HTML has completely transformed our world. Through the web, a previously inconceivable amount of information is now just a few keystrokes and mouse clicks away. What makes this possible is the fact that web browsers, web servers, and many other pieces of Internet infrastructure all speak the same language. Because of Internet standards like HTML, any web browser can view any web page. Internet standards are what makes the web a flourishing marketplace.

Today, a new standard was born: The Open Geospatial Consortium has announced its acceptance of KML 2.2 as an official OGC Standard. KML started as a file format for Google Earth, a way to save out the list of restaurants or parks or hiking trails that you might have drawn as a custom map. It's since matured into something much larger, and is supported on a wide variety of mapping platforms produced by a range of companies. You can even view KML on your cell phone! There are tens of millions of KML files available online -- a testament to just how much user-generated content is now map-based information.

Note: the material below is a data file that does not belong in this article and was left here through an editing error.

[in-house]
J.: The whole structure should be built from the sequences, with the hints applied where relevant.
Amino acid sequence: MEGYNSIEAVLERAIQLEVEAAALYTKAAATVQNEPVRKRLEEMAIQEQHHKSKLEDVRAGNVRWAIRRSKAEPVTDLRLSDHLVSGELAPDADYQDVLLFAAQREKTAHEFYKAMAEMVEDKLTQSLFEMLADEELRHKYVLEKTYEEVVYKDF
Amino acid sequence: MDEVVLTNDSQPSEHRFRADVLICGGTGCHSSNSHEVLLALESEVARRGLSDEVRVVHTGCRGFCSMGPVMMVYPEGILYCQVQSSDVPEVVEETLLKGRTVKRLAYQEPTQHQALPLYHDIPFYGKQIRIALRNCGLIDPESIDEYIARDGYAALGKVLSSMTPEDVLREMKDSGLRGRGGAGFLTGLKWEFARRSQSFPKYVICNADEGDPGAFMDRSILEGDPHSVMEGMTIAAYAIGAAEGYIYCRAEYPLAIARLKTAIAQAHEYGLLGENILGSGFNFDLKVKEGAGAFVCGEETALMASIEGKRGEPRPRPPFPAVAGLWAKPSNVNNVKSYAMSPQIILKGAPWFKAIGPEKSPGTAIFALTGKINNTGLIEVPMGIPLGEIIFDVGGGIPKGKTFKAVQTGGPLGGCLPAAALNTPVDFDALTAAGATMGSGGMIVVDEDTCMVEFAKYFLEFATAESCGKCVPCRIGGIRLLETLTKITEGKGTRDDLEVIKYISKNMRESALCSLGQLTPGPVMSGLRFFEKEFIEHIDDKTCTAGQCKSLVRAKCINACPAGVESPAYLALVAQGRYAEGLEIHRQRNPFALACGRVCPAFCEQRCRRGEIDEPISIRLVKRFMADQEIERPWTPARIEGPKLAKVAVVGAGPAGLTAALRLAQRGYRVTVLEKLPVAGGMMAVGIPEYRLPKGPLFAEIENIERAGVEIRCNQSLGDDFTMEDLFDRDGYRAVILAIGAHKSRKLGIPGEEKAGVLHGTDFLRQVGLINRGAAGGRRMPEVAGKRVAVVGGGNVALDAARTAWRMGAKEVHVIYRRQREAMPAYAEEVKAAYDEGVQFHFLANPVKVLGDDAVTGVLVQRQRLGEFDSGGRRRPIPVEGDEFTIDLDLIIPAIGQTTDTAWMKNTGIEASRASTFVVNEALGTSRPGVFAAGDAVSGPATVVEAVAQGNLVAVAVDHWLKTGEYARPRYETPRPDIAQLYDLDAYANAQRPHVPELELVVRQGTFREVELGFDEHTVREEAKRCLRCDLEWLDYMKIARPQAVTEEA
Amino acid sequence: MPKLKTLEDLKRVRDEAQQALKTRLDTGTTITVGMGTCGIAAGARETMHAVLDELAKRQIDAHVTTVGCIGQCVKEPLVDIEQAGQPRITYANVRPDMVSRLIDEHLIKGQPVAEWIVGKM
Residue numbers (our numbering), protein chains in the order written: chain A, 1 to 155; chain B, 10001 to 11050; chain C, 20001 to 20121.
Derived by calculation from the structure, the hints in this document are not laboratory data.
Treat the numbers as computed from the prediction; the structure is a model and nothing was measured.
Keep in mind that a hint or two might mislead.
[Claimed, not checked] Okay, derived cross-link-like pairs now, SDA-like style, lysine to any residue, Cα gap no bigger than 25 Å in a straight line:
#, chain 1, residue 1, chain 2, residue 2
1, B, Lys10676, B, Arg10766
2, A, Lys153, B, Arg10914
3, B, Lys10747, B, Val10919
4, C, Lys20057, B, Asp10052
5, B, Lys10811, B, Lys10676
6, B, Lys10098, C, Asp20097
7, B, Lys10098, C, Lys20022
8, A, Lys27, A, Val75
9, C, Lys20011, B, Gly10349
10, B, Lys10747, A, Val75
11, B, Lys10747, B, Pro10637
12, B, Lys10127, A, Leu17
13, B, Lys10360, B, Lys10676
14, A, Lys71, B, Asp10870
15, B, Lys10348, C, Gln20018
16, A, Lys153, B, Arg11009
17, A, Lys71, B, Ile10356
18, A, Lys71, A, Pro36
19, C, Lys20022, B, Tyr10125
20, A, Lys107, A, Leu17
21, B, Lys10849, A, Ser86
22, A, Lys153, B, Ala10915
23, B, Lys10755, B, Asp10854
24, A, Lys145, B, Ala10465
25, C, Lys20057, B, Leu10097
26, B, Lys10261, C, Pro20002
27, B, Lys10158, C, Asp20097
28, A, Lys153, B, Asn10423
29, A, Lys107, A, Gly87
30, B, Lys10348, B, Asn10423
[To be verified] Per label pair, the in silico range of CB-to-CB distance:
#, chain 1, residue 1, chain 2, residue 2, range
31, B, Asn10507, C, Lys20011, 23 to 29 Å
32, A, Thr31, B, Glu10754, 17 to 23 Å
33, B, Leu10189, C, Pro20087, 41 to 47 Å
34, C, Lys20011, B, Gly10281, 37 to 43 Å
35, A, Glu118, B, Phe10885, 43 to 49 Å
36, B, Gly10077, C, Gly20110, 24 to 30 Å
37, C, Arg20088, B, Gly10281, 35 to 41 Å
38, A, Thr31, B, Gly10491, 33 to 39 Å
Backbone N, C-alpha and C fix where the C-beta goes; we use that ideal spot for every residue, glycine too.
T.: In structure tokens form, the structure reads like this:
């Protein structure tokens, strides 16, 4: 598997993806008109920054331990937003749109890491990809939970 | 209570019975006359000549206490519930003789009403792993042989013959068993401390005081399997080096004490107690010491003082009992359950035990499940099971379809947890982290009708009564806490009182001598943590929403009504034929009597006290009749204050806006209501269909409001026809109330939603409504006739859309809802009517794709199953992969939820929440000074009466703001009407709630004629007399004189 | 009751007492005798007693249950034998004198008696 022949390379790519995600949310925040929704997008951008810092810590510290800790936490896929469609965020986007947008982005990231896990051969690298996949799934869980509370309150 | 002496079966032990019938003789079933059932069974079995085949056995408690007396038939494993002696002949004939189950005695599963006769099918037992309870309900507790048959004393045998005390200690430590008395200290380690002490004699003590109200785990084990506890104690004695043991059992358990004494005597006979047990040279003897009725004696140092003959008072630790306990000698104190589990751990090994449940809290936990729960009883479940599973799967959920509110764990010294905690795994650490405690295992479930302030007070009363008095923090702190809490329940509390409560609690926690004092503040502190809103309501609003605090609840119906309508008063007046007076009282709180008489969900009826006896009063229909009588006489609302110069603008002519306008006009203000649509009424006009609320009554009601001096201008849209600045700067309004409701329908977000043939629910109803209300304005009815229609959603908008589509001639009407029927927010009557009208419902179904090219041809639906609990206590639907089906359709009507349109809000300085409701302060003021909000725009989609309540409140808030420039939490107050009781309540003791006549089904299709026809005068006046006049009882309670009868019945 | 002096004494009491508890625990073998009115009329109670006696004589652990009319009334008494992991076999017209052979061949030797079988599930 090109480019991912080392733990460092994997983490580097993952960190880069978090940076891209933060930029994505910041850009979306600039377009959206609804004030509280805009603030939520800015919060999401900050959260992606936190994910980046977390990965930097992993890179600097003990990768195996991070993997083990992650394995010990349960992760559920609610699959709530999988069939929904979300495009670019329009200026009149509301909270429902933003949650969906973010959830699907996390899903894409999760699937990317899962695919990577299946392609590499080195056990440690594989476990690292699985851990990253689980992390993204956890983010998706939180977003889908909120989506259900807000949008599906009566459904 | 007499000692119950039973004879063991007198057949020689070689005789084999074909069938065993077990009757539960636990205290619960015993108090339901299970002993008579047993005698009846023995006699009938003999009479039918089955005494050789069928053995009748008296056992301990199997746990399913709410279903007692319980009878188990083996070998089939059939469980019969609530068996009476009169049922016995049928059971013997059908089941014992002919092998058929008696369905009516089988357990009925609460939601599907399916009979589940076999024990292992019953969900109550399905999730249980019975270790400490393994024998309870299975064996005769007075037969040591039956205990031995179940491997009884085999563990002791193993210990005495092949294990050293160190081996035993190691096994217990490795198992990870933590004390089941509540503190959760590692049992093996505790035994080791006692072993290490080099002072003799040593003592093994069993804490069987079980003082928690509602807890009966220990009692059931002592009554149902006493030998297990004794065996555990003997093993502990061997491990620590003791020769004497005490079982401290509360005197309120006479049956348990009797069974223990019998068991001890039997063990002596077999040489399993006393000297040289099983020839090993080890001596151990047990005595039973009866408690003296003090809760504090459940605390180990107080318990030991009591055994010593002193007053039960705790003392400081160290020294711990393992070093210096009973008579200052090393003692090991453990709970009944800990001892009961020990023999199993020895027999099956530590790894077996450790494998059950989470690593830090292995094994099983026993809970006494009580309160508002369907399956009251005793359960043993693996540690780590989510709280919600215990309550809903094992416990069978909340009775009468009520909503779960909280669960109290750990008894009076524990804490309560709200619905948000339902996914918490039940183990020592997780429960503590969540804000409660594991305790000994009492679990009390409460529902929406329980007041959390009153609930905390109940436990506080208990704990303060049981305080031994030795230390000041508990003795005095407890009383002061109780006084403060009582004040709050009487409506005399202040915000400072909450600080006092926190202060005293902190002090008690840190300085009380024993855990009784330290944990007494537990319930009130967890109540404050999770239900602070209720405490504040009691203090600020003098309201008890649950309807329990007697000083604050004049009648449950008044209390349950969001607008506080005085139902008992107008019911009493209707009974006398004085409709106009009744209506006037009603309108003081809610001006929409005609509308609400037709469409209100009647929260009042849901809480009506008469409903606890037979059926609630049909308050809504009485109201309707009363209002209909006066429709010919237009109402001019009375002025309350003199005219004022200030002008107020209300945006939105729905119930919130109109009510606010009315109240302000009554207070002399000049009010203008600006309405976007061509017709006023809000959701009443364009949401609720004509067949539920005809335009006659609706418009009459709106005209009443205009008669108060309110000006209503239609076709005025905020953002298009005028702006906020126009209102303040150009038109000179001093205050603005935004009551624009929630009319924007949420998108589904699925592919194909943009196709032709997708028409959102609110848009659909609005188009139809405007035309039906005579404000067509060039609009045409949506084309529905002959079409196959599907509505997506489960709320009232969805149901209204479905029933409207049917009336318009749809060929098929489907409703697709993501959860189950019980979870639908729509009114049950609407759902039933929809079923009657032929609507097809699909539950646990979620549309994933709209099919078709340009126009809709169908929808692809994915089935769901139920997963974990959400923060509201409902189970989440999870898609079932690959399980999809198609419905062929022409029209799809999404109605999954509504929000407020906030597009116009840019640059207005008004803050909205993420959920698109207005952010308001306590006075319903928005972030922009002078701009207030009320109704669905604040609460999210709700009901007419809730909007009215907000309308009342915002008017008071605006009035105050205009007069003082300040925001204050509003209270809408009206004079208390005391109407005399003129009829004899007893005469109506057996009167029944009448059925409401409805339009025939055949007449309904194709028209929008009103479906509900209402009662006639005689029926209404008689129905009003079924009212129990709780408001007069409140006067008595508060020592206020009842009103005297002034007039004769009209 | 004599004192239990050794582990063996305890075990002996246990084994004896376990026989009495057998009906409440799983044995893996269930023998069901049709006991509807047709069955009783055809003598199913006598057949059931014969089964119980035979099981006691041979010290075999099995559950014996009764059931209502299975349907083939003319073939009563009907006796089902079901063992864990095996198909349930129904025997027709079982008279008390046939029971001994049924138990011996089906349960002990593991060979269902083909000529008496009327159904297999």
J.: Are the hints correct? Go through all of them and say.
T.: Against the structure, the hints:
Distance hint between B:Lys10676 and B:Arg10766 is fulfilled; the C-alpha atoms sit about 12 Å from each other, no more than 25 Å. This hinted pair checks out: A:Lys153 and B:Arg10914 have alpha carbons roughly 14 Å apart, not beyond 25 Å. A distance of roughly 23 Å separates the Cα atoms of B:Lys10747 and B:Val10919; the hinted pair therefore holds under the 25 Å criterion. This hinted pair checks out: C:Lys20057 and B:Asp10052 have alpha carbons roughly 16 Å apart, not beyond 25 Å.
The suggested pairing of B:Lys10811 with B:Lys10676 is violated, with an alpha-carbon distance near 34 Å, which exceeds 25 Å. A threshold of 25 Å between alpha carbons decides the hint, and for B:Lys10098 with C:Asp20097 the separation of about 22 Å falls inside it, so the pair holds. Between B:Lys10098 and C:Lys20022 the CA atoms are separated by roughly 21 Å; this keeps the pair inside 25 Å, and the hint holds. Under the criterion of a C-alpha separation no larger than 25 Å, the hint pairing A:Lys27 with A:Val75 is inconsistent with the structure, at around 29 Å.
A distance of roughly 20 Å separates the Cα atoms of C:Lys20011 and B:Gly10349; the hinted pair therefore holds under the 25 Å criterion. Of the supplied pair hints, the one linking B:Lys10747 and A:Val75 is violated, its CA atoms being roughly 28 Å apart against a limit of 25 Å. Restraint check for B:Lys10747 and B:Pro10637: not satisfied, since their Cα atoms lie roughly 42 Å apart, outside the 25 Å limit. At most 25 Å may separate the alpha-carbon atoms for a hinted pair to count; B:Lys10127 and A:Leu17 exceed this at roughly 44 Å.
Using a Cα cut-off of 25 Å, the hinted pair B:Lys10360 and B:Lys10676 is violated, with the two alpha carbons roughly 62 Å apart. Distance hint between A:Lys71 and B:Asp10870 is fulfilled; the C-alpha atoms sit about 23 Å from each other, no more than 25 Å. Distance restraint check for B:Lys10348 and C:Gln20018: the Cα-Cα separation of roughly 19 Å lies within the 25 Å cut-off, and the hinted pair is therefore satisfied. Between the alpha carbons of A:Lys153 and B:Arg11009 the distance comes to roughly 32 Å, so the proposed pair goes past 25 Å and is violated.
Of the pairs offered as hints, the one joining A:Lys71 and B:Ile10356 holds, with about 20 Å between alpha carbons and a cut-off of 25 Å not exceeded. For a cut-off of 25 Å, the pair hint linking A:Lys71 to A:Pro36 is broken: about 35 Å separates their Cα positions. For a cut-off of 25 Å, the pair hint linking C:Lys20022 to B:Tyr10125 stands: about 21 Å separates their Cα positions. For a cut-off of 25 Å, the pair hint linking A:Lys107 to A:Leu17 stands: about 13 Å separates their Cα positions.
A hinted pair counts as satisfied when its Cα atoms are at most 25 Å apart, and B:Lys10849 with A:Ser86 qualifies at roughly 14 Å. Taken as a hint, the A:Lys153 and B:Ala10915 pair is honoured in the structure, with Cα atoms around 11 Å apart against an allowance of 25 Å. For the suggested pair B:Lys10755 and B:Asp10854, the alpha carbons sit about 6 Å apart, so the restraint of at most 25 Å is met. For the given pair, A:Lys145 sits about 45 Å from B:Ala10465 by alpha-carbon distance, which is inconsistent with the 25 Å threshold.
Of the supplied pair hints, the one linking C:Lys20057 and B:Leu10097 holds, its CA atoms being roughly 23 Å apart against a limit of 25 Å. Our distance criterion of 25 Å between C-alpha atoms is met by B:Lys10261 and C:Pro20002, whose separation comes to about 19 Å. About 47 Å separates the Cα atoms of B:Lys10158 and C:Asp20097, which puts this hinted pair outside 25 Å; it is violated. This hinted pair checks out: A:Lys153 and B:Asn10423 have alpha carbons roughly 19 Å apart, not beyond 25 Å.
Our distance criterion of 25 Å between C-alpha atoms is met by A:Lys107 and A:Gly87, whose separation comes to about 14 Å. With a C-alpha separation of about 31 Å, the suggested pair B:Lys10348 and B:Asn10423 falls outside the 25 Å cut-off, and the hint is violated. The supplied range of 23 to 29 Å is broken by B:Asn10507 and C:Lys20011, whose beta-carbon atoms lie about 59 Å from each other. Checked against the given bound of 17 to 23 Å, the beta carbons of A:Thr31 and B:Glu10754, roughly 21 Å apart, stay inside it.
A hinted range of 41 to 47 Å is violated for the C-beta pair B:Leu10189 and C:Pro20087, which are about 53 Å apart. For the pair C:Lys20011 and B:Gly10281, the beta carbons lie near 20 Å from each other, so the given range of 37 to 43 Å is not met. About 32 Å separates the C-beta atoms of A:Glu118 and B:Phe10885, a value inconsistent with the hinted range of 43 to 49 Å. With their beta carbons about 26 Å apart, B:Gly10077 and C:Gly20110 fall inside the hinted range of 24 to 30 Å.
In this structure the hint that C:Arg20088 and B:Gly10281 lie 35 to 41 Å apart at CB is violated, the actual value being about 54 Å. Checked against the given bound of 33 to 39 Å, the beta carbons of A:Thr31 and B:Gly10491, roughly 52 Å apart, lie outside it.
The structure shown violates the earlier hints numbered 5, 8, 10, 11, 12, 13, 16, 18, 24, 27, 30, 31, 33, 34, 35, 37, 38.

Mapping has come a long way from the origami paper creations of the past. Our choice to give KML to the OGC is part of our strong commitment to open standards. It's our belief that KML's standardization will do much to make more geographic-based content accessible online.

There's more on KML's standardization on the Lat Long blog.